“Tracking up” means that the hind foot lands in the print of the forefoot as it leaves the ground. If the horse “over tracks,” the hind foot has landed in front of the forefoot print. If the horse is “not tracking up,” the hind foot has landed short of the forefoot. The purpose of tracking (also known as engagement of the hind leg) is so that the hind foot lands under the horse’s center of gravity. If the hind foot does not track up sufficiently, the push from the hind foot is going to propel the horse’s body forward and down rather than forward and up. Instead of being able to lift the front end, the thrust of the hind foot will send the horse more onto the forehand. The ability to “track up” can be dramatically influenced by conformation. A long-backed horse with short legs (i.e., a draft cross) is going to have a much more difficult time tracking up than a short-backed horse with long legs (i.e., an Arabian).
There are two ways the horse can swing the hind leg under. One way is to pendulum swing the leg much like the way a racehorse moves. The other is by dropping the pelvis and coiling the leg underneath. For lifting power the horse needs to coil the hind leg (fold the joints of the hip, stifle, hock, fetlock). A hind leg that has swung under like a pendulum will not have any lifting power. It will provide more forward thrust.
5. Lift in withers.
Perhaps this is the most important part. If the horse is up in the withers, the back can come up. There is room for the pelvis to drop and the hind leg can easily swing under the weight of the rider. Just because the horse’s back is up does not mean the horse’s withers are up. Many times the horse has dropped the withers down (which also drops the sternum down, since they are connected through the ribs) even when the back is up.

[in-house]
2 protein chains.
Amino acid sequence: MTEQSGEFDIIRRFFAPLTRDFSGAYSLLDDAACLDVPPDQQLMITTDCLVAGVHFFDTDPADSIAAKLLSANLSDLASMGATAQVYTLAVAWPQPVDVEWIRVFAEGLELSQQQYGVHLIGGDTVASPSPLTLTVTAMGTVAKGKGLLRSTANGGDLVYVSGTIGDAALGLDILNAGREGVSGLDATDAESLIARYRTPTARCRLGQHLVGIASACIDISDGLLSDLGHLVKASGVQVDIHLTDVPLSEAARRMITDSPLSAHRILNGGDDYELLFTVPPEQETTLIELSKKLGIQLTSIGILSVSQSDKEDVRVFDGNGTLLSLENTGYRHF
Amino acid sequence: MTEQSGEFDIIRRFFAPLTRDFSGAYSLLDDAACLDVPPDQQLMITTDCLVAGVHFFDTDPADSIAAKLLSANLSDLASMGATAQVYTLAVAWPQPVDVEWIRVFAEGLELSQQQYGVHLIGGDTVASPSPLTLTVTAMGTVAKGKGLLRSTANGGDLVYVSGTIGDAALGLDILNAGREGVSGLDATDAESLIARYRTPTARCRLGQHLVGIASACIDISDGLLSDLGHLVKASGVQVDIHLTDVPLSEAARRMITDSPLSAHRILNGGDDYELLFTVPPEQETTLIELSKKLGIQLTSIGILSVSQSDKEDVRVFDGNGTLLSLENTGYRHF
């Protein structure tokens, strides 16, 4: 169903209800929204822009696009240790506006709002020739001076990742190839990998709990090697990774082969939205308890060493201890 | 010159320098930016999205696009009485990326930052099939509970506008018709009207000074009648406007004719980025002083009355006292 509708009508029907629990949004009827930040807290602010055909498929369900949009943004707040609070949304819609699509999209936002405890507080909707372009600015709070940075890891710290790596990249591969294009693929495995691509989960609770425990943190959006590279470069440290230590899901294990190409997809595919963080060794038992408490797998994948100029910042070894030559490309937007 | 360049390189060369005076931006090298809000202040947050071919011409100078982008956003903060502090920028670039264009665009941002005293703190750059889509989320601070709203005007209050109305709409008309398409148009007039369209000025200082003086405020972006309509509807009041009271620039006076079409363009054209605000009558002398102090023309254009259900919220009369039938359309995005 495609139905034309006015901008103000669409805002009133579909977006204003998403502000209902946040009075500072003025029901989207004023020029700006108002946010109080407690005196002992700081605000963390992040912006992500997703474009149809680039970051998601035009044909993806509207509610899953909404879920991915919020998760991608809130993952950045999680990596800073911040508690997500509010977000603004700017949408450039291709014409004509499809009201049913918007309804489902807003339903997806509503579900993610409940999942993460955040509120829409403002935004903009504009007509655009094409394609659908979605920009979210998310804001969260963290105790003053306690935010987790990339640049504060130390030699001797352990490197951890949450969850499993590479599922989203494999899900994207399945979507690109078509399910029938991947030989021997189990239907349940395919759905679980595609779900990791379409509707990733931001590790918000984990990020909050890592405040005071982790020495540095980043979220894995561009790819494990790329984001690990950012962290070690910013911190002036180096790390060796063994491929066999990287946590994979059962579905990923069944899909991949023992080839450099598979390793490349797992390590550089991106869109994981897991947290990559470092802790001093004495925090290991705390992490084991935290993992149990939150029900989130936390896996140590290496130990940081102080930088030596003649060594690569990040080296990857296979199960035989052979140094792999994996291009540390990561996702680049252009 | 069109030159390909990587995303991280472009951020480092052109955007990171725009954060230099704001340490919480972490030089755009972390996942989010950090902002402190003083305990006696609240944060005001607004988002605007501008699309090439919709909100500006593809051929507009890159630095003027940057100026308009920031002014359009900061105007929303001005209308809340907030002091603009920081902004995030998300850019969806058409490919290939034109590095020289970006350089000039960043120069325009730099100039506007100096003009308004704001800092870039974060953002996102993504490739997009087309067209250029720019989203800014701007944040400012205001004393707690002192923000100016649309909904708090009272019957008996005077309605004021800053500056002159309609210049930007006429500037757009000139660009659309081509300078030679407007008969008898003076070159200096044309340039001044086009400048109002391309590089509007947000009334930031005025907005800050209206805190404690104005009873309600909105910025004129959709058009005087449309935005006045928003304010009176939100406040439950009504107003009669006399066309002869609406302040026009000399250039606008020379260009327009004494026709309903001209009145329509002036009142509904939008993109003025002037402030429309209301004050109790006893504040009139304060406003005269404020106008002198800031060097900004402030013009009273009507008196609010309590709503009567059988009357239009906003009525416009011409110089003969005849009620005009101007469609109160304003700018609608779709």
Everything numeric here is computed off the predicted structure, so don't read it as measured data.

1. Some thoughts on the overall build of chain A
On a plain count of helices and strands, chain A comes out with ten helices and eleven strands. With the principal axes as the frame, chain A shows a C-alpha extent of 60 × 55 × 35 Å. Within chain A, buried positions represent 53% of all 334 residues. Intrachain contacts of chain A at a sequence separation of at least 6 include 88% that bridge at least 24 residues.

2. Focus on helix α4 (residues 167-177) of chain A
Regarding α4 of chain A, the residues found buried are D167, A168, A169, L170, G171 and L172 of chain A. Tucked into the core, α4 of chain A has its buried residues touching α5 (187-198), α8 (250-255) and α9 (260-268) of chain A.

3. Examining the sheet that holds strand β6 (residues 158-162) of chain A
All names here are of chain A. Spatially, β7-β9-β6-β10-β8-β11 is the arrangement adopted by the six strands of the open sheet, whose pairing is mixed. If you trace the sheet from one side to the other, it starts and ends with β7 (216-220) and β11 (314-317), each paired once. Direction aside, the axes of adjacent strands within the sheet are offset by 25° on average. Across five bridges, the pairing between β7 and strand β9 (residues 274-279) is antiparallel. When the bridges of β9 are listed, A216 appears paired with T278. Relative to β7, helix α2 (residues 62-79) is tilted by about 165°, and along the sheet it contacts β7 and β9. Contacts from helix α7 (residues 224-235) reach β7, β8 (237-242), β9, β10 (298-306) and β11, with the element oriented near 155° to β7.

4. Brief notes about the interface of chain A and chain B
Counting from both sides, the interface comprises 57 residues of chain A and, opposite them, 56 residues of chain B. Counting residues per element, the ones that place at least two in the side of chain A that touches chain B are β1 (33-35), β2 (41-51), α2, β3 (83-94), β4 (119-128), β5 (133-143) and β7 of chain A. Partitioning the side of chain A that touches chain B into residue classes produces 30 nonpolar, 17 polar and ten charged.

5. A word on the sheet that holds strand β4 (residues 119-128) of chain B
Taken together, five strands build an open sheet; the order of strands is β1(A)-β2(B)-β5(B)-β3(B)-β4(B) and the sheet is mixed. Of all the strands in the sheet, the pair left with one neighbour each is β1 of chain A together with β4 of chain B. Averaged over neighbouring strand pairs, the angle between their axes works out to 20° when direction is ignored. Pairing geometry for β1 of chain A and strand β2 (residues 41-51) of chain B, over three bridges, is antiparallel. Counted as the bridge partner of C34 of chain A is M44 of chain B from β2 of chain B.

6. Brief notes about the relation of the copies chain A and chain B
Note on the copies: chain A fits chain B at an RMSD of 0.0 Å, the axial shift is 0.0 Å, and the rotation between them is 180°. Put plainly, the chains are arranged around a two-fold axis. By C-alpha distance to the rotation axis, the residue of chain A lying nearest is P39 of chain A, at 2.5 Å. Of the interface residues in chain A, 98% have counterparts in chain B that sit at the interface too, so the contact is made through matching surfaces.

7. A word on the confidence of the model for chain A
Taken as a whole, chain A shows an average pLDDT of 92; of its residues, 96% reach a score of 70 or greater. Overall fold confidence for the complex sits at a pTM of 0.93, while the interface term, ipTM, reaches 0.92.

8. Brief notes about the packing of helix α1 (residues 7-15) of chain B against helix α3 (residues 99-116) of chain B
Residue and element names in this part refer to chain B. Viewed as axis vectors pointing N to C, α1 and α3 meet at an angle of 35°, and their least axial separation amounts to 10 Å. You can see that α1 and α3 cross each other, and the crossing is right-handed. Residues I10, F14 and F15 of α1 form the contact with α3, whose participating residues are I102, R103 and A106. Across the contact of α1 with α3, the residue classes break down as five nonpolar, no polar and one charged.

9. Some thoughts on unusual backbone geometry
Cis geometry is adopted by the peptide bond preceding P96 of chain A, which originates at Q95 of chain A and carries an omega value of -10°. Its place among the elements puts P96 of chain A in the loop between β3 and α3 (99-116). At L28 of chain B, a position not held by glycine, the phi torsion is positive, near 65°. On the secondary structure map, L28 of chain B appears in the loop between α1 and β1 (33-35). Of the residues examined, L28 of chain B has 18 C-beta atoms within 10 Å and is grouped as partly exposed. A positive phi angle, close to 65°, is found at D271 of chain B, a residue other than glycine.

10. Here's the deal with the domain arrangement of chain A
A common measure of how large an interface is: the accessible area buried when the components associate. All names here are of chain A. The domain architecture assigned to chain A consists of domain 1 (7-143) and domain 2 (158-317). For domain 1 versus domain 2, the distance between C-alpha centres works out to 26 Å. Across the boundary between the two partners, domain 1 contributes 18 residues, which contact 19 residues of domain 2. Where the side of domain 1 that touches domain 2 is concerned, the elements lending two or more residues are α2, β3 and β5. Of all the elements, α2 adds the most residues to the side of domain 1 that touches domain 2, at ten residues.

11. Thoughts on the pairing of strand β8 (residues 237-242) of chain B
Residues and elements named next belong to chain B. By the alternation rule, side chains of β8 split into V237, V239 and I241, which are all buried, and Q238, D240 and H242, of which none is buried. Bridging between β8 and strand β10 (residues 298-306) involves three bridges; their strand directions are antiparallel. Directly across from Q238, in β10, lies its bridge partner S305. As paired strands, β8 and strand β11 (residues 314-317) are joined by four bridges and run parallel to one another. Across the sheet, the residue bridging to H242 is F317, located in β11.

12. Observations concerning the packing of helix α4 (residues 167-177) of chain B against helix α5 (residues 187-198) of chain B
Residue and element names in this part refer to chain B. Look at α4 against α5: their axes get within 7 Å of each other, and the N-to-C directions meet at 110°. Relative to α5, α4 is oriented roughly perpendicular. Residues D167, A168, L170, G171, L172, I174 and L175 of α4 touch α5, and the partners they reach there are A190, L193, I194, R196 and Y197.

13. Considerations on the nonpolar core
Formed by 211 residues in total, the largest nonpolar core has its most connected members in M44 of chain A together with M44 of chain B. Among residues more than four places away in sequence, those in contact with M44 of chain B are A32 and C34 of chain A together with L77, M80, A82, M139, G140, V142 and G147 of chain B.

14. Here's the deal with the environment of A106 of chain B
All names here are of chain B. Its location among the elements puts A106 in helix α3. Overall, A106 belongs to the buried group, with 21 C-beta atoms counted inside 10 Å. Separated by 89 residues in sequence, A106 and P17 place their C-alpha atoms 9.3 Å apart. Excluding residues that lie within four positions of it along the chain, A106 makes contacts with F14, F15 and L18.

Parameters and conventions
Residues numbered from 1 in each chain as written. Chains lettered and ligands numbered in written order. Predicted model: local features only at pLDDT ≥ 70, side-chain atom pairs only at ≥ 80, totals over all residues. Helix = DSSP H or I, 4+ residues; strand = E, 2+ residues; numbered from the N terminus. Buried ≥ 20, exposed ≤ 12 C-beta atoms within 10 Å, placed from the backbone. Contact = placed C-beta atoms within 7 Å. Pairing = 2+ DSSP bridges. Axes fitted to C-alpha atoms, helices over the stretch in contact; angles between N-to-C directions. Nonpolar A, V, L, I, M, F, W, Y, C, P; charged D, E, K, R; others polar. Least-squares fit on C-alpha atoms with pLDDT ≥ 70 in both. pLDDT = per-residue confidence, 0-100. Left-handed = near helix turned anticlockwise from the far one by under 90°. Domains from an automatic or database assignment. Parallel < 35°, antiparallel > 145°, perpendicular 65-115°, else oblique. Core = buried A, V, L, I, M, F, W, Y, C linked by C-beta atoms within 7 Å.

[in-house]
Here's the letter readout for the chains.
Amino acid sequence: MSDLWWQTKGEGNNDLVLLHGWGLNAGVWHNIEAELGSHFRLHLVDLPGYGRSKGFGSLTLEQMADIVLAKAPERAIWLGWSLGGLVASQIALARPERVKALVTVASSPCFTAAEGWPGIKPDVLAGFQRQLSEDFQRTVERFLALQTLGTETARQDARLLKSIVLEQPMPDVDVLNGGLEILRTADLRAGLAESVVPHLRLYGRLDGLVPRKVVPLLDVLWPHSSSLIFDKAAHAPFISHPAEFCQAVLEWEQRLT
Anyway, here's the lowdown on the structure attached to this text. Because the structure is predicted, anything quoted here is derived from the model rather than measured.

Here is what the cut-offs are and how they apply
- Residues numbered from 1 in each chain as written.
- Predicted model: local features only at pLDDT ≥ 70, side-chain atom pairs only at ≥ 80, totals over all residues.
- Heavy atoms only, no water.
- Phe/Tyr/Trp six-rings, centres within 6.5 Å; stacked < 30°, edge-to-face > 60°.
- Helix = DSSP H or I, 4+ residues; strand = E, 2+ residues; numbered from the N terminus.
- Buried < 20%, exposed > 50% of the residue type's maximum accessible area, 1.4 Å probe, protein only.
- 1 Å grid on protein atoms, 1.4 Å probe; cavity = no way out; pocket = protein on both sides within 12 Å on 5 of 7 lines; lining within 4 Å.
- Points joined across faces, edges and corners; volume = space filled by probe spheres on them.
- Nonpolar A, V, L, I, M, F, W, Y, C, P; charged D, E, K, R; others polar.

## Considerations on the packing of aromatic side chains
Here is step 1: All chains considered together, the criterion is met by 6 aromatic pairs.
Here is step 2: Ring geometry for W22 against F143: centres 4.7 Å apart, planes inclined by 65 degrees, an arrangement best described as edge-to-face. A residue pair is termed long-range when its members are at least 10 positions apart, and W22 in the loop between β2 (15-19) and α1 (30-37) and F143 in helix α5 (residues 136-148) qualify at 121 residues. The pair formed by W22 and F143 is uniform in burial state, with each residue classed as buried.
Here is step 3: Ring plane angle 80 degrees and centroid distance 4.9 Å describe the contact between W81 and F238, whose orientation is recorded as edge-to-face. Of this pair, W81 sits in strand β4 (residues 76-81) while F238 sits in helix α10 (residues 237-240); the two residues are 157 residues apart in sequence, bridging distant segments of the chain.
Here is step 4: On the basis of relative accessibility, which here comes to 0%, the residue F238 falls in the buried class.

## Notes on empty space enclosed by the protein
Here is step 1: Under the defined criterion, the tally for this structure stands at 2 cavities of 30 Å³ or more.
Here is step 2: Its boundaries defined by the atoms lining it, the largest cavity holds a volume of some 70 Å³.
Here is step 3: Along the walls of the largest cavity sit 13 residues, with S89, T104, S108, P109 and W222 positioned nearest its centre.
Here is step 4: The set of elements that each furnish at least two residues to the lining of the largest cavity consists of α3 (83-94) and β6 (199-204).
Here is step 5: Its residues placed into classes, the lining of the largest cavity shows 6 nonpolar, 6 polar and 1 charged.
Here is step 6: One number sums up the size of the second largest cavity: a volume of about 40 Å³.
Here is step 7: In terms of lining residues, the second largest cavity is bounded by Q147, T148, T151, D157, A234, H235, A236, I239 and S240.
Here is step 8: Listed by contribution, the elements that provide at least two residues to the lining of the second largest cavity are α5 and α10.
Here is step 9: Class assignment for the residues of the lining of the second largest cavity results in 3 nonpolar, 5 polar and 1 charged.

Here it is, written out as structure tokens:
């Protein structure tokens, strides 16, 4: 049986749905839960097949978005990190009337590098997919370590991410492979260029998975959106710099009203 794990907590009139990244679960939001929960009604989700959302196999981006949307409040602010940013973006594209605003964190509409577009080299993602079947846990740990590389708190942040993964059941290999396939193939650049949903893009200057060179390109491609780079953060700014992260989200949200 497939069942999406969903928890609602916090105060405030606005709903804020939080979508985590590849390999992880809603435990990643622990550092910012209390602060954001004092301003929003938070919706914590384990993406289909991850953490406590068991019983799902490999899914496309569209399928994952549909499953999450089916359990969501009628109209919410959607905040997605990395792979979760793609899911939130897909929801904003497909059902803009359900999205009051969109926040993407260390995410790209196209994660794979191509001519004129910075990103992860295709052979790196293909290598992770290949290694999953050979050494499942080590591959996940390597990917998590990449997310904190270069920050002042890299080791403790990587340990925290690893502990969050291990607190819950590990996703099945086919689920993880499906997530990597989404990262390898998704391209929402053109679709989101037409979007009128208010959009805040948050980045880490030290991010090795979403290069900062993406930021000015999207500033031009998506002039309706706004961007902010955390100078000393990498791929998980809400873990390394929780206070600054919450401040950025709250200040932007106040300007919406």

However, it is extremely rare to see a horse with the withers up and the back down.
Lifting the withers is critical to what happens in the front end of the horse. If the withers are down, the horse is on his forehand. The weight of the rider will be on the horse’s front legs rather than on the hindquarters. The ability to lift up in the withers is greatly affected by saddle fit and rider position. If you find your horse being unwilling to canter slowly, wants to fishtail his hindquarters to slow down or tosses his head in the canter transitions, it may be a result of his inability to lift up through the withers.
6. Release of tension at the base of the neck.
As the withers come up, the horse no longer braces through the sternum. The base of the neck stops working so hard and these muscles decontract. Once this happens, the horse will be able to raise the forelegs through the shoulders rather than primarily from the knee. The movement of the front legs will become more elevated and elegant.
7. Telescoping neck.
As the withers lift, the neck is able to lengthen or extend from the base to the poll in a telescoping movement. If the withers are down, the neck will shorten rather than lengthen. Often the neck appears to “grow” out of the withers and shoulders rather than appear pulled down to the withers when the neck lengthens. Look just in front of the withers; if there is a dip there, the neck probably shortened. If this area is full, the neck is lengthening when the horse is working.